The Supreme Court this morning declared that states cannot limit marriage to one man and one woman. But this is not the last word on the question.
Article VI of the Constitution reads: “This Constitution, and the laws of the United States made in pursuance thereof; and all treaties . . . shall be the supreme law of the land . . . ” The idea that Supreme Court interpretations of the Constitution are the supreme law of the land is a very recent contention.
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When the Constitution was written and for a long time thereafter, many doubted that the Court had the authority to interpret the Constitution at all — in other words, they believed that the Court had no power of “judicial review.” Alexander Hamilton, in Federalist 78, made the classic argument that, given a written constitution established by the sovereign people, the Court had no choice but to maintain the supremacy of the people’s Constitution when it was alleged to be in conflict with an ordinary law passed by their representatives.
Today’s legend of judicial supremacy begins with Chief Justice John Marshall’s opinion in Marbury v. Madison (1803). In fact, Marbury was quite a modest decision, in which Marshall held that Congress could not extend the jurisdiction of the Court beyond what the Constitution had provided. (And it is unlikely that the act in question did so anyway.) The decision was hardly ever cited for the next century.
Marshall never made any claim of judicial supremacy, nor did the country accept any such principle. Presidents Jefferson and Jackson resisted the idea that the Court had a monopoly on constitutional interpretation. Jackson vetoed the bill renewing the charter of the Second Bank of the United States on constitutional grounds, despite the fact that Marshall’s Court had upheld it in 1819. Jackson expressed what is known as the “departmental theory” of constitutional interpretation: i.e., that all three departments of the national government have an equal power to interpret the Constitution. If Congress had enacted a third bank, as it nearly did in 1841, the Supreme Court (now full of Justices appointed by Jackson) almost certainly would have declared it unconstitutional.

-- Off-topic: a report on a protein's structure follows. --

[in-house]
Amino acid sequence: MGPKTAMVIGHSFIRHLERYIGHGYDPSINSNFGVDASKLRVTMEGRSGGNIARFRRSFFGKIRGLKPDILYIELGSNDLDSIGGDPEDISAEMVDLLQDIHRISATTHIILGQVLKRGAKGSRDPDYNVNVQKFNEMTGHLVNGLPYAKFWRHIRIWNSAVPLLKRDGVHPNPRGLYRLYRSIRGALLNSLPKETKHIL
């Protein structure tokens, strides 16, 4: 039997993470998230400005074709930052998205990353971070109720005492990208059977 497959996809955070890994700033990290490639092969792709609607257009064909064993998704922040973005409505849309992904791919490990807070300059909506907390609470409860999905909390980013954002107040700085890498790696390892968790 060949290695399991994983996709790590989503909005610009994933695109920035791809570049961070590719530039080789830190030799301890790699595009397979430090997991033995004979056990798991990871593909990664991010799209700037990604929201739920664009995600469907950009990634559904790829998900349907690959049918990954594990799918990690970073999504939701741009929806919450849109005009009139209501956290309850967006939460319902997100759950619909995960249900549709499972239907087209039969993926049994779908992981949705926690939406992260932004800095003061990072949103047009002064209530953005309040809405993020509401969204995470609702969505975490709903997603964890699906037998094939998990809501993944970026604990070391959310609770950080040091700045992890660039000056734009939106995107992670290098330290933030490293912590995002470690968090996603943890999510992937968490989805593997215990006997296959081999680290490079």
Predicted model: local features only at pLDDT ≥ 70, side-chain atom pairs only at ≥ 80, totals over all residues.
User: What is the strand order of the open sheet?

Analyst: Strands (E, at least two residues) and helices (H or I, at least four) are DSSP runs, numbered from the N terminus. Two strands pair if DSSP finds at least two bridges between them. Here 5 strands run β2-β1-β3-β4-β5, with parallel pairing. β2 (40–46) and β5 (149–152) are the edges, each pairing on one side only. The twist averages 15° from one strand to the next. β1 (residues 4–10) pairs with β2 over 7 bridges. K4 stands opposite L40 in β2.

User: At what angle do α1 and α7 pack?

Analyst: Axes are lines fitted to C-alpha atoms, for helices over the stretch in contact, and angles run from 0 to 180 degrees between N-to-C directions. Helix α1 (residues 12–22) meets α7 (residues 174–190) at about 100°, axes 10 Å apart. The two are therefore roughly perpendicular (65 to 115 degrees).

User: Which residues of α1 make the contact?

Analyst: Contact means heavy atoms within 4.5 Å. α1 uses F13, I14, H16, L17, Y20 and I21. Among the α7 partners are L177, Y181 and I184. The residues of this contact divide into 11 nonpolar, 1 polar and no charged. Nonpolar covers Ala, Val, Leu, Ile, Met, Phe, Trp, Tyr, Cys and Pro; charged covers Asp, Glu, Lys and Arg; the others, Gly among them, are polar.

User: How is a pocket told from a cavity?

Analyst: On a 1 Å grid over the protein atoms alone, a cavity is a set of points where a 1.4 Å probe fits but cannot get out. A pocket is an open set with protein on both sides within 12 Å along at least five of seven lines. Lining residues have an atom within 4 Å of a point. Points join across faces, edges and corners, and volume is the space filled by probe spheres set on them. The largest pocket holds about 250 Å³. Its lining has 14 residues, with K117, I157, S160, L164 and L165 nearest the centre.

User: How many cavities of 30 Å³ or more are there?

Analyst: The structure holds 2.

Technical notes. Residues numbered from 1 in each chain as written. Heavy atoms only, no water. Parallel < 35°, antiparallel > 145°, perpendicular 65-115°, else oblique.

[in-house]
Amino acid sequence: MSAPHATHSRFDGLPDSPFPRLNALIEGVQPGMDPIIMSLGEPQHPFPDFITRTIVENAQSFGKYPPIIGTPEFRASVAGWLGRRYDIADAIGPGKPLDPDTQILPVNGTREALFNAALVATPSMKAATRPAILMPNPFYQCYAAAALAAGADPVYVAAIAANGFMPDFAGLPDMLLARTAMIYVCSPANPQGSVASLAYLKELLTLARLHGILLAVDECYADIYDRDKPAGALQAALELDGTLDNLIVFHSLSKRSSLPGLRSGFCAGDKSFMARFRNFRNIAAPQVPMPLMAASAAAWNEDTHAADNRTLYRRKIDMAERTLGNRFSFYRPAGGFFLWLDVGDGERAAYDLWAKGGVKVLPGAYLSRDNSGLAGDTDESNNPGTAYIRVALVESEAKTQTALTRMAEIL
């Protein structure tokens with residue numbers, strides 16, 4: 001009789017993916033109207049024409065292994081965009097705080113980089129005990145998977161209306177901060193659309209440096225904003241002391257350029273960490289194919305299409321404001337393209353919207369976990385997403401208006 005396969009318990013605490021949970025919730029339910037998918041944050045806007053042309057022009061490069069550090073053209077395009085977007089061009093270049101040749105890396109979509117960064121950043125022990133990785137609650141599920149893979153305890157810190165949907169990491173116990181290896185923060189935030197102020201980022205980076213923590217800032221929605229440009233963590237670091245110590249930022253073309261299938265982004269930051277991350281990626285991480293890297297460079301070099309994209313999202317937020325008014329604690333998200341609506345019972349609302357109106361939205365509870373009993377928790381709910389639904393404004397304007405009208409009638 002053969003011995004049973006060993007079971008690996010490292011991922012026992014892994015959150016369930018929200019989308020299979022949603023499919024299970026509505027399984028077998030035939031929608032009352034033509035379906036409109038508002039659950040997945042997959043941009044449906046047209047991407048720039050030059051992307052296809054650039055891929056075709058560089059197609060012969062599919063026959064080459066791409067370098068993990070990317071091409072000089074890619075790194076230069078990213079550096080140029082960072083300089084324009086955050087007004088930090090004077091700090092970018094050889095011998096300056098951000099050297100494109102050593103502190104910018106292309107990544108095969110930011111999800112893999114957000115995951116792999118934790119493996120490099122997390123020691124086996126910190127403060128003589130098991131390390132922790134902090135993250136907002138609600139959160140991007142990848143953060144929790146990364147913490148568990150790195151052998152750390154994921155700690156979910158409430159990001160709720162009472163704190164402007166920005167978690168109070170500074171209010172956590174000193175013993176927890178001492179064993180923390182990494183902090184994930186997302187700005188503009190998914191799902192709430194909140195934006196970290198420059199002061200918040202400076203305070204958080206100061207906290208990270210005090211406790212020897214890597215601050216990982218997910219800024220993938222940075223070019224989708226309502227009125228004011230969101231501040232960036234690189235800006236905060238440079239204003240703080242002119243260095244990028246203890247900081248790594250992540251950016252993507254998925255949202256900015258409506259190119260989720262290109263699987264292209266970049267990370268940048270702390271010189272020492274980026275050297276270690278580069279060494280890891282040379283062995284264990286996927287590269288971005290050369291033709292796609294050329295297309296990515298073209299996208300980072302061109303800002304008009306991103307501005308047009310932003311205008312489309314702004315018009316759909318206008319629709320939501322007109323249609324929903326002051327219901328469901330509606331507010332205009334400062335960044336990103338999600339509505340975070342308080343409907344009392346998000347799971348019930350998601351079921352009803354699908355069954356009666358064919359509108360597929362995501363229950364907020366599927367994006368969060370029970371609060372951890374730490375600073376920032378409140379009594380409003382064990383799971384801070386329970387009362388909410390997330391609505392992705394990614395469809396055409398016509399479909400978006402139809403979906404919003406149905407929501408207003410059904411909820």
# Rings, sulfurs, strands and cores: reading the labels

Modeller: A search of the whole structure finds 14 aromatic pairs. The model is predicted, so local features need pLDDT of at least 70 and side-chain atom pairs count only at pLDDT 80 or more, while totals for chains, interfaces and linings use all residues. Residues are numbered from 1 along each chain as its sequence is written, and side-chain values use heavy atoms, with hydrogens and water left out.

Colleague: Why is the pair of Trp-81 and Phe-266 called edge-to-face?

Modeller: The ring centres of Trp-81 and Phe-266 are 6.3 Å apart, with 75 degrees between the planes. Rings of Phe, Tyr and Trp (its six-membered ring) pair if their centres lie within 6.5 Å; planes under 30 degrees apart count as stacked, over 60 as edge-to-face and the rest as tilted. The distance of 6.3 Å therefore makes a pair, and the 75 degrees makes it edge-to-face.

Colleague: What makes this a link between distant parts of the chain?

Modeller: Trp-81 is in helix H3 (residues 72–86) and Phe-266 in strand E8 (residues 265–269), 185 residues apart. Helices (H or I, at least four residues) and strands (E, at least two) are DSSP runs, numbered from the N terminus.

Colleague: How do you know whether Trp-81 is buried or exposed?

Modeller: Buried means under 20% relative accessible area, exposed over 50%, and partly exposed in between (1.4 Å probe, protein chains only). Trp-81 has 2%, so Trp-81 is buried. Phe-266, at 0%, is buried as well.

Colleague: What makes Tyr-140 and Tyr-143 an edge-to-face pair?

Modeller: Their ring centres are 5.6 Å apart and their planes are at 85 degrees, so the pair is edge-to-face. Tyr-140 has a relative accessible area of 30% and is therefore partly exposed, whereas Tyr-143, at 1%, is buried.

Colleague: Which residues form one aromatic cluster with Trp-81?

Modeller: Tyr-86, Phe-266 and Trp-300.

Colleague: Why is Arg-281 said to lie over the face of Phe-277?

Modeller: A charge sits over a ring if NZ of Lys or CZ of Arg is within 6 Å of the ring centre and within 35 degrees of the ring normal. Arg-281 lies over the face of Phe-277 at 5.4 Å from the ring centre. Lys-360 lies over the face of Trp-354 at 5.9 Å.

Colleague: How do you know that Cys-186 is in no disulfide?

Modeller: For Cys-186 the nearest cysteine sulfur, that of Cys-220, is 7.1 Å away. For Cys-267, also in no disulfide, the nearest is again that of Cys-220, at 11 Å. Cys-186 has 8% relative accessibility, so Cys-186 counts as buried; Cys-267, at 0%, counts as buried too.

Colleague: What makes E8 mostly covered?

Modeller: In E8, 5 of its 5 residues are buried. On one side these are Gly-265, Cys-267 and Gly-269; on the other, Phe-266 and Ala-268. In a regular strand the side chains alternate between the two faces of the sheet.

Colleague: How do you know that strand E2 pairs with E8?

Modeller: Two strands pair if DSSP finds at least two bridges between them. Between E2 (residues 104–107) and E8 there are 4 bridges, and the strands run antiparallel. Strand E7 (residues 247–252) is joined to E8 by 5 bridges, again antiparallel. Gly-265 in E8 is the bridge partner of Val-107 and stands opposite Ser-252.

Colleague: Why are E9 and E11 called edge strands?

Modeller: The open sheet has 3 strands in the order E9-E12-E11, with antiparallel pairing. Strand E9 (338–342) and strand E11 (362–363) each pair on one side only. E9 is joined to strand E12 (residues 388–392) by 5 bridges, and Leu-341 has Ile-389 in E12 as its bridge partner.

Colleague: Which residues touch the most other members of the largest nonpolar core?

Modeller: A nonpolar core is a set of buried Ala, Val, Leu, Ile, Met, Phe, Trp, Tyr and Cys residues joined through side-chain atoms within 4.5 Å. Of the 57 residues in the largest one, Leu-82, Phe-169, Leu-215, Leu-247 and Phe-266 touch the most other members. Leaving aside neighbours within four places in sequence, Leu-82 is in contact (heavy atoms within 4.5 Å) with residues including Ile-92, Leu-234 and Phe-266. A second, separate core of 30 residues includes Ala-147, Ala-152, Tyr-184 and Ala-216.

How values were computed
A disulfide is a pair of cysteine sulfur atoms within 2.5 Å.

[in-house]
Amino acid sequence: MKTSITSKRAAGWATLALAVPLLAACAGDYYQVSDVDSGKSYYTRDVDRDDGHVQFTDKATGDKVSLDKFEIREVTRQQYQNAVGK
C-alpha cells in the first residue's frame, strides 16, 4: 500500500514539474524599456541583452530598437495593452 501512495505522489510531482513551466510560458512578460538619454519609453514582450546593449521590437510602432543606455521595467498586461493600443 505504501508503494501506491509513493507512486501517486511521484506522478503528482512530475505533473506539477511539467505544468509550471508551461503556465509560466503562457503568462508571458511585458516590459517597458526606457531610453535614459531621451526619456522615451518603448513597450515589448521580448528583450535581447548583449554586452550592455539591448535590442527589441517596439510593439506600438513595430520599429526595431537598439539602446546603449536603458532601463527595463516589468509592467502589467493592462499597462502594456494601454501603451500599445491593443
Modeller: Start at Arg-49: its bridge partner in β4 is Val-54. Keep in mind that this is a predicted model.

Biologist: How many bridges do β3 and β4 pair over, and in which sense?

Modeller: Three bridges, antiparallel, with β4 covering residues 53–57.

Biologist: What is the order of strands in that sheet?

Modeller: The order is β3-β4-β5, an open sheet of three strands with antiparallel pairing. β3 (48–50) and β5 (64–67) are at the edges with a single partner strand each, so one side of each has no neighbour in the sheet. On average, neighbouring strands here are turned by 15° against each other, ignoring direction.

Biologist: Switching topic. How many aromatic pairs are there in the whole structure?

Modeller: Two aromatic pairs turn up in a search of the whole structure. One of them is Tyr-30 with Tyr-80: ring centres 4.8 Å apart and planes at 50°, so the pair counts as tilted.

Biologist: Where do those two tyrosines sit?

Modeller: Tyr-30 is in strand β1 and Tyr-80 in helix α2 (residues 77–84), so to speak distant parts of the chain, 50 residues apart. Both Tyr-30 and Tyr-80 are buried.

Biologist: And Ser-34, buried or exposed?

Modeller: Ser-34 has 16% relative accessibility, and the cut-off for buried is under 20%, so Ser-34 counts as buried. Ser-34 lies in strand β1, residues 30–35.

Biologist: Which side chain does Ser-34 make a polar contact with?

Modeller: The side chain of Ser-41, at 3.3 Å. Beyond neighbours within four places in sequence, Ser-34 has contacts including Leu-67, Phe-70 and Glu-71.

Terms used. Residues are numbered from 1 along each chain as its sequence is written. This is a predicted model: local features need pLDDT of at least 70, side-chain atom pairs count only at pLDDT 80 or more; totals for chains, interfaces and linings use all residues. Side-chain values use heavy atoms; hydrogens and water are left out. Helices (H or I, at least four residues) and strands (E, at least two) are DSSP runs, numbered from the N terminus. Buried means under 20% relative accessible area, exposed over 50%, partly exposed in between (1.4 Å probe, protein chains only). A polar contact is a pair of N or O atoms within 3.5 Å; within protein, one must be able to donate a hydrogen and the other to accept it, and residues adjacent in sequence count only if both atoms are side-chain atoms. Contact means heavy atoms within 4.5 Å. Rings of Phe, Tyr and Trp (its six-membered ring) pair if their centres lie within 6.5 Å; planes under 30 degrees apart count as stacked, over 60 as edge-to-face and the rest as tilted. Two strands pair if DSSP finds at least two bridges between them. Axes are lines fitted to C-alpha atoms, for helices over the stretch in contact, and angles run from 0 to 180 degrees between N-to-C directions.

Abraham Lincoln expressed the departmental principle in his first inaugural, denying that the Court’s interpretation of the Constitution in the Dred Scott case was the last word. Lincoln did not dispute that the Court’s decisions in particular cases must be obeyed, and he admitted that such decisions were “entitled to very high respect and consideration, in all parallel cases, by all other departments of the government.” Nevertheless, the political branches and ultimately the people still had a constitutional role to play. “The candid citizen must confess that if the policy of the government, upon vital questions, affecting the whole people, is to be irrevocably fixed by decisions of the Supreme Court, the instant they are made, in ordinary litigation between parties in personal actions, the people will have ceased to be their own rulers, having, to that extent, practically resigned their government into the hands of that eminent tribunal.”
To that end, the Lincoln administration and Congress acted as if Dred Scott had been erroneous. Lincoln’s State Department issued passports, which were limited by law to U.S. citizens, to African Americans. Congress abolished slavery in the territories in 1862. The Civil Rights Act of 1866 declared black Americans, all free now, to be citizens entitled to equal rights. It did not take the 14th Amendment to overturn Dred Scott, though that amendment made it less likely that the substance of that decision would be revived politically.